Electroconvulsive therapy (ECT) is a safe and effective procedure in unipolar depression in older adults; however, less is known about clinical features and trajectories among patients who do not respond. In this retrospective, naturalistic study, we examine characteristics associated with ECT response among older adults with unipolar depression who received ECT over an 8-year period and describe long-term outcomes for nonresponders.
We retrospectively identified patients 65 years or older with major depressive disorder who were treated with ECT during an 8-year period. We reviewed demographic and clinical factors among patients who responded to ECT and those who did not. Clinic notes were reviewed for ECT nonresponders to determine Clinical Global Impressions scores in the 24 months after ECT treatment.
We identified 140 patients meeting the inclusion criteria. Most patients (65%) responded to ECT. Fewer previous antidepressant trials, lower baseline Montreal Cognitive Assessment scores, and lower baseline Montgomery-Asberg Depression Rating Scale scores were associated with an increased likelihood of ECT response. Among the 49 (35%) nonresponders, another 12 (24.5%) responded to a variety of treatments within 2 years after ECT. There were no serious adverse effects of treatment.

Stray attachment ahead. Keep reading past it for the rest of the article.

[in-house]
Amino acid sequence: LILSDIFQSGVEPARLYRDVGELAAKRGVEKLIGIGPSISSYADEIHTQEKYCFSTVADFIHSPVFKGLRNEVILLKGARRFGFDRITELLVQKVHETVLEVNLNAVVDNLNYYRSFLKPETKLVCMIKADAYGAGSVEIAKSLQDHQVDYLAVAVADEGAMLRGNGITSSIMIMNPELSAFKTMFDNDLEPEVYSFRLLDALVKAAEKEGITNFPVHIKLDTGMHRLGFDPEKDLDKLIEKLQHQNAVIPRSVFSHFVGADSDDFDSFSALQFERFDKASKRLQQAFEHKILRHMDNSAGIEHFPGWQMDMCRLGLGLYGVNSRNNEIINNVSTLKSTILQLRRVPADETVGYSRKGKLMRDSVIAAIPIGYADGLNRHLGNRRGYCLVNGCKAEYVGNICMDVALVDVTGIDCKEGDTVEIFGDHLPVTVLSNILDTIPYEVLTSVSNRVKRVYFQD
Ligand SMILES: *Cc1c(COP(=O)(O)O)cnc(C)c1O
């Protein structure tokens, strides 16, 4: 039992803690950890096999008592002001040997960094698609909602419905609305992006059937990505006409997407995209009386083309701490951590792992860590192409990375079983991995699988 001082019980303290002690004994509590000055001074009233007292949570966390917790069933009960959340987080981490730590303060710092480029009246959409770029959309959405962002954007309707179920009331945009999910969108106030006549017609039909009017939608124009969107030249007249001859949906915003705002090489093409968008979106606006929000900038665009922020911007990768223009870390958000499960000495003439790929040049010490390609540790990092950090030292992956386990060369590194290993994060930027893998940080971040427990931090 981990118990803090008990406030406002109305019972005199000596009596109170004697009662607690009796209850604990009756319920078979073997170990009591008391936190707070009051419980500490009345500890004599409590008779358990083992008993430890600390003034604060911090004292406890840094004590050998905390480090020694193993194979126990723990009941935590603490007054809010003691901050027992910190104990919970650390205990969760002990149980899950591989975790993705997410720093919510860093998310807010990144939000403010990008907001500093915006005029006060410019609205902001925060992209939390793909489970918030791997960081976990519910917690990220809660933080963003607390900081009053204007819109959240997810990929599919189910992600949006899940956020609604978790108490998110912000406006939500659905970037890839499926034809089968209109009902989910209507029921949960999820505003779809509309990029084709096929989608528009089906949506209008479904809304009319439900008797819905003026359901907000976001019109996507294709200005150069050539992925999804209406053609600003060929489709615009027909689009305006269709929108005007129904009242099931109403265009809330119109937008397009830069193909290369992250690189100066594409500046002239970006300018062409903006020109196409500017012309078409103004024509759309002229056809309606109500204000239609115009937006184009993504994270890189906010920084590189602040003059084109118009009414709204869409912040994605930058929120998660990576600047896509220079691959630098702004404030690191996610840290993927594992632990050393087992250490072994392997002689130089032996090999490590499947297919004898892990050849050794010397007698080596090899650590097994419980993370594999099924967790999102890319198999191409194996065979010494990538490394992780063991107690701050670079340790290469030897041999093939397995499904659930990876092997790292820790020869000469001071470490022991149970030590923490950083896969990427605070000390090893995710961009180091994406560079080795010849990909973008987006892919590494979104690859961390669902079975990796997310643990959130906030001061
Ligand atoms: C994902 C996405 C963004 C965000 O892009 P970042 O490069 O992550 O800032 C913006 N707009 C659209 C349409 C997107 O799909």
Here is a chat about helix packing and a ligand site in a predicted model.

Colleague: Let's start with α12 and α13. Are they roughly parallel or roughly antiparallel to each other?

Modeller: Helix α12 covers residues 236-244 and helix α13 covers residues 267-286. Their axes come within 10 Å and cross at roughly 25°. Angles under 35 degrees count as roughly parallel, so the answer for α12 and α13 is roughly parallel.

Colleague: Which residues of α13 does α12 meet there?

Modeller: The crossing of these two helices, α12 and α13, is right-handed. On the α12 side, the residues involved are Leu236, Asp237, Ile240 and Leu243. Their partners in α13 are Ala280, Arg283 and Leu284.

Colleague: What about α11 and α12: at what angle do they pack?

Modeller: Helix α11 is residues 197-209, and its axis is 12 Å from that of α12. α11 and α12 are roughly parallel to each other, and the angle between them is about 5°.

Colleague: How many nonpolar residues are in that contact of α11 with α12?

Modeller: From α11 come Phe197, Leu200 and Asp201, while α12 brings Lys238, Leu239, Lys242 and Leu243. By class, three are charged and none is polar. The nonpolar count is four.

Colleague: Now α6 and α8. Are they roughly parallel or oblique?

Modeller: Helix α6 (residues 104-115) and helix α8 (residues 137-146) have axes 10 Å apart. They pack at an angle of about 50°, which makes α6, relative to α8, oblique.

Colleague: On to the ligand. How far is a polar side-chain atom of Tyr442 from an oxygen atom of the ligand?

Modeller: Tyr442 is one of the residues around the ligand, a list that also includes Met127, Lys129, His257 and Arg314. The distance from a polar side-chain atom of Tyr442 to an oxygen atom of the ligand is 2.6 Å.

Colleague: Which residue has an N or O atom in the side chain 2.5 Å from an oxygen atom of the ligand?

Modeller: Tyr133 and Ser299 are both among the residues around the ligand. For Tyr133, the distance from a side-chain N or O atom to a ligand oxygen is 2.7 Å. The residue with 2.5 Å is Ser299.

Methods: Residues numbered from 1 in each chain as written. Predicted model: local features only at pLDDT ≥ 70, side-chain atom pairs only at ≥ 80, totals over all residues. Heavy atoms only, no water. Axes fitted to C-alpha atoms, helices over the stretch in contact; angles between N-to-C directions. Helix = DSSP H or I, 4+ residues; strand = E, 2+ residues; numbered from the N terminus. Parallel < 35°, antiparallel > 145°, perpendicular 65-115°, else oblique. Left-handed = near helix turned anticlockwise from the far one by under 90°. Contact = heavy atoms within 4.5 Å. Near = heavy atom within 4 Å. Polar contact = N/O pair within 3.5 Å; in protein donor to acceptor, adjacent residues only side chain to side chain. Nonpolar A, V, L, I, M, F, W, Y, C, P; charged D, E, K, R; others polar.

Most patients responded to ECT, many of whom had severe illness that had been refractory to numerous medication trials. Among nonresponders, a subset improved over time through a variety of treatments. However, most patients who did not respond to ECT had persistent depression after 2 years.